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RENEWABLE FUEL INDUSTRY NEWS


Winter warmth from the forest


E 8


nvironmental concern is deeply embedded within Sweden’s DNA. Andritz recently added to this environmental commitment by supplying a biomass Combined Heat and Power (CHP) plant to keep residents of the town of Mjölby warm in the Winter, using renewable fuel from local forests. With a workforce of just 65, Mjölby-Svartådalen Energi (M-SE) is a lean company that supplies district heating and electricity to the people in Östergötland County, Sweden. In addition, the company is impressively green, as exemplified by its slogan ‘Lokalt producerad energi från skog, vind


8 Winter 2016


och vatten’ (Locally produced energy from wood, wind, and water).


Producing energy and heat from renewable sources is a carefully devised strategy. Christer Kjellberg, Head of Projects at M-SE, said: “It is the company mission to produce as much energy, electricity and district heating from renewables – hydro, wind and wood – as we can. Last year, over 90% of our output was locally generated from renewables. We are setting records in this region and even in Sweden”.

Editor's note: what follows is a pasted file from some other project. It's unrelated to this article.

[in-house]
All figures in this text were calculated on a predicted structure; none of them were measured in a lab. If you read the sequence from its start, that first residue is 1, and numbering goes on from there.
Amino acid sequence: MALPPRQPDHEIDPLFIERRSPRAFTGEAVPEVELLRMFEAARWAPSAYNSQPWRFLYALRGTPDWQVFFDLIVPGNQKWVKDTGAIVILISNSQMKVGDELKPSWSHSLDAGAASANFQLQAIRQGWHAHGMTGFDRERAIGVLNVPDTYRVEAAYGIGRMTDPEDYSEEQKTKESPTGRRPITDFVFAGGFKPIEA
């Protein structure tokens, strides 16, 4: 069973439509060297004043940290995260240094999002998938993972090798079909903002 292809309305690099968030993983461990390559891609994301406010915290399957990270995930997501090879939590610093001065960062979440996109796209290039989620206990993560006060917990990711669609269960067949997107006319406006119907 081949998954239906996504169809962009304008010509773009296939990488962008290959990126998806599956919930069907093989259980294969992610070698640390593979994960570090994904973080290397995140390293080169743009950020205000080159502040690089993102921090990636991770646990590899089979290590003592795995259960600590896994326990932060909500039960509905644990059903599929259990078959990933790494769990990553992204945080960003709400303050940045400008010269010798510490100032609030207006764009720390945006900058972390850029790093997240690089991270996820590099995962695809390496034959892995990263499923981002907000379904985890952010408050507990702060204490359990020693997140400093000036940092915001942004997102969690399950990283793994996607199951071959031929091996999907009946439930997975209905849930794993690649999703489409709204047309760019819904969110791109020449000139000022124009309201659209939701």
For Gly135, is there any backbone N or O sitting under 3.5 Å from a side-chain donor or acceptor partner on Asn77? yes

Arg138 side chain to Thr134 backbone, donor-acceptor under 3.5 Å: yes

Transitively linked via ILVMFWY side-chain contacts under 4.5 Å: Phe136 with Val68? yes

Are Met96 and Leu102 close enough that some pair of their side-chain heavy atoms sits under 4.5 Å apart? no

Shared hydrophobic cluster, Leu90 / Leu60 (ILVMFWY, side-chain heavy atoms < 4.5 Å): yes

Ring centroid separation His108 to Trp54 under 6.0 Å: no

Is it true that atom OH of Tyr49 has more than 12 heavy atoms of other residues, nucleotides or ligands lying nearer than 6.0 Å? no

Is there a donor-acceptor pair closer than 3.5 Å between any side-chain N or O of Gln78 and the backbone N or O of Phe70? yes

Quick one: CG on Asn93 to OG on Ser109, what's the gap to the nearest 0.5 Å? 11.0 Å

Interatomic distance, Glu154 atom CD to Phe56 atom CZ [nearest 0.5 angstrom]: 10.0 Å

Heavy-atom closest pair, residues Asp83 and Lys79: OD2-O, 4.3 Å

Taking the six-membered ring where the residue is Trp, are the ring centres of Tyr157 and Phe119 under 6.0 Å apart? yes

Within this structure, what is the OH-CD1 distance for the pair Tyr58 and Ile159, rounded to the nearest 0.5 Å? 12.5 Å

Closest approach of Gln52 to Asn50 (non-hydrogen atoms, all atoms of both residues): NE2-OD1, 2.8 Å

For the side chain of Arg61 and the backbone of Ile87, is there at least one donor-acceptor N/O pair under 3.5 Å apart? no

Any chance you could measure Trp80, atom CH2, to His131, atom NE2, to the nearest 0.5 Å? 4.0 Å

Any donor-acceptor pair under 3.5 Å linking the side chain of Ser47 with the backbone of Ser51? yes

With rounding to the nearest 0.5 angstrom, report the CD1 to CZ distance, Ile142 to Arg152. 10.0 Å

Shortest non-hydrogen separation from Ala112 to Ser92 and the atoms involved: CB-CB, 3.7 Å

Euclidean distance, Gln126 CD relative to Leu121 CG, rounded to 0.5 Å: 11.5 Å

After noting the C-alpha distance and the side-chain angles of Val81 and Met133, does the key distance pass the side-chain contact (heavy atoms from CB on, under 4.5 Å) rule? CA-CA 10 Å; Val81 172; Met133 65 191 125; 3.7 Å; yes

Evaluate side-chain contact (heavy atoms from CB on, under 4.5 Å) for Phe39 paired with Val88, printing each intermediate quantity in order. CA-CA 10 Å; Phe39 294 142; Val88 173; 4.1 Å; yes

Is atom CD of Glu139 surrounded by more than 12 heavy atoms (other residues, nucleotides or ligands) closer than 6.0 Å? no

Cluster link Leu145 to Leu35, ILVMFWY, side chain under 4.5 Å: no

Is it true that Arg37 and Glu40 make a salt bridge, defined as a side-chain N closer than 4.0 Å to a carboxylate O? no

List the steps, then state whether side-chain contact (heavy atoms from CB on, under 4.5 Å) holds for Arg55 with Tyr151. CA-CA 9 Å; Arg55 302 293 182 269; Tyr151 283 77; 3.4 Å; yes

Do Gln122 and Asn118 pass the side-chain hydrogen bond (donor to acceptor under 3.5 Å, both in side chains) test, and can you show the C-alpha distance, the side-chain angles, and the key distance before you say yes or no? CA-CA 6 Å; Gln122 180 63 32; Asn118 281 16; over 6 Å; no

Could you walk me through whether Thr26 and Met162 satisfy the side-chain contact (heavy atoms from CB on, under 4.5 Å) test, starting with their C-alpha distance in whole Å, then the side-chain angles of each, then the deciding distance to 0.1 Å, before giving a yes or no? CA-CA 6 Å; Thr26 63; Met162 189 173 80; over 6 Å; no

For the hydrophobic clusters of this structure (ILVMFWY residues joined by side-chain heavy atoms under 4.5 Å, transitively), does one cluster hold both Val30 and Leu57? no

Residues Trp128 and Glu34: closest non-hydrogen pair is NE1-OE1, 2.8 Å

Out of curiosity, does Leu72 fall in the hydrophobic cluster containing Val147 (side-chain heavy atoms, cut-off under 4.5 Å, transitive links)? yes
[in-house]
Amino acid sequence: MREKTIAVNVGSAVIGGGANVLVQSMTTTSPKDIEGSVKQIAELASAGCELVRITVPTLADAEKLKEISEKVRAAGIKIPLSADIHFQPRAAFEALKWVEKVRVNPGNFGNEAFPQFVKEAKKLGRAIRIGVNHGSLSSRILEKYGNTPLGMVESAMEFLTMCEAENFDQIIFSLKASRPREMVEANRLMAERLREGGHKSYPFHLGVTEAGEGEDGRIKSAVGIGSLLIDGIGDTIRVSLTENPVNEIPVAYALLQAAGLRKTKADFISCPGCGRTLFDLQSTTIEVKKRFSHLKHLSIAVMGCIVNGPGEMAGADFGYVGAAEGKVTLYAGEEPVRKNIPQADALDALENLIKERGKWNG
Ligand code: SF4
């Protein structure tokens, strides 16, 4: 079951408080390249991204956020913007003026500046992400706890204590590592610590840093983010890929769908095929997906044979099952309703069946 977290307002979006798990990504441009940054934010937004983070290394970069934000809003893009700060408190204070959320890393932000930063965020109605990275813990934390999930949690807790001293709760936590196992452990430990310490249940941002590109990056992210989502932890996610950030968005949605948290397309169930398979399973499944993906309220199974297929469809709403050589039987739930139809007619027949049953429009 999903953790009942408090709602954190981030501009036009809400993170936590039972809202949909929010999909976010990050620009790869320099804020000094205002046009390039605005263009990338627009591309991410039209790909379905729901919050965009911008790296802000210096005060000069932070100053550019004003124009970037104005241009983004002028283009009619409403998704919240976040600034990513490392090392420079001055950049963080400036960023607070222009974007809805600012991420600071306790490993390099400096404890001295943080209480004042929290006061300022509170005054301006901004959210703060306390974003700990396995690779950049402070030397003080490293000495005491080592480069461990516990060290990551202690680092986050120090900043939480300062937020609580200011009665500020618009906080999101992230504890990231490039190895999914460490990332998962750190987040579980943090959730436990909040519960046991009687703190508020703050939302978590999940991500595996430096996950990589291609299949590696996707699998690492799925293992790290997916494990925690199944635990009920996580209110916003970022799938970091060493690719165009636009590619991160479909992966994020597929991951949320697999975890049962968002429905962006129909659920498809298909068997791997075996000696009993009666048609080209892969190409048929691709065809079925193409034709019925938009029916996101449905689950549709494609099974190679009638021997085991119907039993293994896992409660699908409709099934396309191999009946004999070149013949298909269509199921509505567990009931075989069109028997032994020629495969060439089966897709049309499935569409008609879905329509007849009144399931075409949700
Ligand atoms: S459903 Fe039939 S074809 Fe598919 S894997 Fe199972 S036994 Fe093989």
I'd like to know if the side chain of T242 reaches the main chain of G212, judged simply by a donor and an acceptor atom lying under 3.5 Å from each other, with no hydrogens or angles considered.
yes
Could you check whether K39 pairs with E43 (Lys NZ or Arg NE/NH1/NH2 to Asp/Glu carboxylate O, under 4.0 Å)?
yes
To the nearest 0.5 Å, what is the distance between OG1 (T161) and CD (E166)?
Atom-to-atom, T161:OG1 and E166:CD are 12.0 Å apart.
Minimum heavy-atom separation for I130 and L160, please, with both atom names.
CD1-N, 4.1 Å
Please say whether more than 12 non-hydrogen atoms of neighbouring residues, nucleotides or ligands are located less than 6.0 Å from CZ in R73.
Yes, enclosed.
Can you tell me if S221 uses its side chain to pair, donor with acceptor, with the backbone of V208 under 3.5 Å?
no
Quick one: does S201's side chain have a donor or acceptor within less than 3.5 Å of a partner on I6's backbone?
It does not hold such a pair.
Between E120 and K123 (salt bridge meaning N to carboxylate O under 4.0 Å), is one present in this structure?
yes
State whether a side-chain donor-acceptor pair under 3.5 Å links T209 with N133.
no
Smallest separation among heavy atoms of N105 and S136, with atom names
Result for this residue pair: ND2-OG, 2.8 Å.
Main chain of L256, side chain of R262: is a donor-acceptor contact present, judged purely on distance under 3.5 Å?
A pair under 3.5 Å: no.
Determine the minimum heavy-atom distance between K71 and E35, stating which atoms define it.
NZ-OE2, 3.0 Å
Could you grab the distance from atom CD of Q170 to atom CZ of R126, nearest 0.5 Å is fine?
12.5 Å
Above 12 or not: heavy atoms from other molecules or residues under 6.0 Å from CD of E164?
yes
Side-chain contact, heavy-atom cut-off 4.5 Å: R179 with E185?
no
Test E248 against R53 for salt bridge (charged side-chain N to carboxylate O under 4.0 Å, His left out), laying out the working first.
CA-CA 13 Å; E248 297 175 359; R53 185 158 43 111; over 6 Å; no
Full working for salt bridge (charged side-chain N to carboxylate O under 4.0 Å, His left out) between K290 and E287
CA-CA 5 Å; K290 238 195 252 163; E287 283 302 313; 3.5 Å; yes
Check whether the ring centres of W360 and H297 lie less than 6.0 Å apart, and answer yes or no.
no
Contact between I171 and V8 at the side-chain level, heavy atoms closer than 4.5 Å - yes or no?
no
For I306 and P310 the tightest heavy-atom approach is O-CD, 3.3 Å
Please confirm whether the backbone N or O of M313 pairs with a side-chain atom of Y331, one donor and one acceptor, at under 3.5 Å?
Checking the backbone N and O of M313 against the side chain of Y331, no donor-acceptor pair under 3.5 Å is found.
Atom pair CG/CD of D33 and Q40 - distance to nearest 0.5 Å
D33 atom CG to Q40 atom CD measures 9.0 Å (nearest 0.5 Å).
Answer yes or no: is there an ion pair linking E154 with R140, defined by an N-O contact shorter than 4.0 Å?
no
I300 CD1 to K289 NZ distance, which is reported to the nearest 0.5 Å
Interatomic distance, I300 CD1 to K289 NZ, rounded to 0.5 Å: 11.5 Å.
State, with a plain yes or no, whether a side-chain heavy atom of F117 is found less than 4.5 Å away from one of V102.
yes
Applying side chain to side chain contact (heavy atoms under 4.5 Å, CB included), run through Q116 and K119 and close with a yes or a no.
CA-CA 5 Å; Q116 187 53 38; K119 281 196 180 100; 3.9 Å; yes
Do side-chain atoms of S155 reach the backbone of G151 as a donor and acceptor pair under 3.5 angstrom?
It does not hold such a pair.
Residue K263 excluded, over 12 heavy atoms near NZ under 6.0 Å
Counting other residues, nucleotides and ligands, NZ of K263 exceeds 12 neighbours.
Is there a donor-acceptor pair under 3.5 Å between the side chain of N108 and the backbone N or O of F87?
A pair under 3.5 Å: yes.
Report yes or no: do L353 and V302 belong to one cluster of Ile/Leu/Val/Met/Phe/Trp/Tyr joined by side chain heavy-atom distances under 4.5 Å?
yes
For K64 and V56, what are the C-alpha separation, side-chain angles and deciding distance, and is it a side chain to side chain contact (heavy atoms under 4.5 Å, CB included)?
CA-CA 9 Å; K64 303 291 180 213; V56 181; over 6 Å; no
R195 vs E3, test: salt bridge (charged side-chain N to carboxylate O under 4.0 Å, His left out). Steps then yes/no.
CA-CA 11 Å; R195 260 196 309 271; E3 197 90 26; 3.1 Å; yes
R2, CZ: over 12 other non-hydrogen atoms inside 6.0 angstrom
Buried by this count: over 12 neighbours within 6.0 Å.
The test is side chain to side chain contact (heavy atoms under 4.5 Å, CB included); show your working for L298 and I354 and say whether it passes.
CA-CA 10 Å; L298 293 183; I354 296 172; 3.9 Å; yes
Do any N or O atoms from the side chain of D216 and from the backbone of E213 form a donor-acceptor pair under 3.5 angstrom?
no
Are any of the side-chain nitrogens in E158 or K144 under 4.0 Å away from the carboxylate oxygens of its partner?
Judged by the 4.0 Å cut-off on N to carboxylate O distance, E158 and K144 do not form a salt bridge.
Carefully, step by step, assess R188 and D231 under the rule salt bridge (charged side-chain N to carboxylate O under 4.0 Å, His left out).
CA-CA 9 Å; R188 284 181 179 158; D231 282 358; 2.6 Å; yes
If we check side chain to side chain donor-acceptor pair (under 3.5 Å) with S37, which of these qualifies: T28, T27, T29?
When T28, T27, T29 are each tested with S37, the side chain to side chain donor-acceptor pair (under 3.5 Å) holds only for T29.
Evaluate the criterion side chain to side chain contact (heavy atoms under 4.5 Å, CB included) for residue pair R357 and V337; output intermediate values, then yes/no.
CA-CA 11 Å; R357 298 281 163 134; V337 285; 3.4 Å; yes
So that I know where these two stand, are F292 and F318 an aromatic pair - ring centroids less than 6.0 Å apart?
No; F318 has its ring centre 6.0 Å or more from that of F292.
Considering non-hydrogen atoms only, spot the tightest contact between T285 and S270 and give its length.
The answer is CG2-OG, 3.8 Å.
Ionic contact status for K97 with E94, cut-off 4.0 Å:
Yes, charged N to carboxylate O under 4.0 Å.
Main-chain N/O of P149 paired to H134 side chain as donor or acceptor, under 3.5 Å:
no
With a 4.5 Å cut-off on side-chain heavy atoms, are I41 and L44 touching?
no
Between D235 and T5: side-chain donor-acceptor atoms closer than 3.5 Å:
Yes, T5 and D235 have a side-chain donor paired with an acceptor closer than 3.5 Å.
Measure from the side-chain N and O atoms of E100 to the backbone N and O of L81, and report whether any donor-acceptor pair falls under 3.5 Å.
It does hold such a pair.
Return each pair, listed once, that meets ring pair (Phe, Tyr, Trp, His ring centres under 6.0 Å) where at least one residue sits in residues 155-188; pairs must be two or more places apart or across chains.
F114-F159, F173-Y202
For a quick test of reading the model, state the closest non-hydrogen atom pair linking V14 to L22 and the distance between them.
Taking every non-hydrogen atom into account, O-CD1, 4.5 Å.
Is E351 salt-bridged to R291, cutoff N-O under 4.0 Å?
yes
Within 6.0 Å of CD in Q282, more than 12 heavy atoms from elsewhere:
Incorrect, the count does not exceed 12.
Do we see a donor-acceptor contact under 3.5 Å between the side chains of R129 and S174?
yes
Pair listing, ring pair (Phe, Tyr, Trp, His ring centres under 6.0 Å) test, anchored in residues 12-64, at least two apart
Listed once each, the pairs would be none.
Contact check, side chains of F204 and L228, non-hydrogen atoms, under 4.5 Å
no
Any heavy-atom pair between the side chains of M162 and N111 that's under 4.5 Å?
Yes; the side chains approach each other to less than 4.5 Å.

In the beginning, district heating was supplied to the


26,000 residents of Mjölby by oil-fired boilers. In the mid-1980s, the first biomass-fired boiler (12 MWth) was purchased. Small biomass-fired boilers were also purchased in the late 1990s (9 MWth) and in 2008 (5.5MWth). The investment in a new boiler was driven not only by the age and relative efficiency of the existing boilers, but also by the desire to reduce dependence on fossil fuels and to lower the overall cost of producing district heating. “Our existing boilers were becoming less efficient and we needed more capacity,” asserted Kjellberg. “More importantly, by adding


CHP capabilities, the income we produce from power production can be used to offset the district heating production cost.”


Pressure


It was 2010 when it became very clear that the existing boilers were at maximum capacity. “With the units being over 30 years old, it was time to look at something new,” admitted Kjellberg. “We have always been able to keep up with local heating requirements thanks to our pipeline link to a CHP plant in Linköping, 35 km away, but the Mjölby plant was clearly being put under more and more pressure.”


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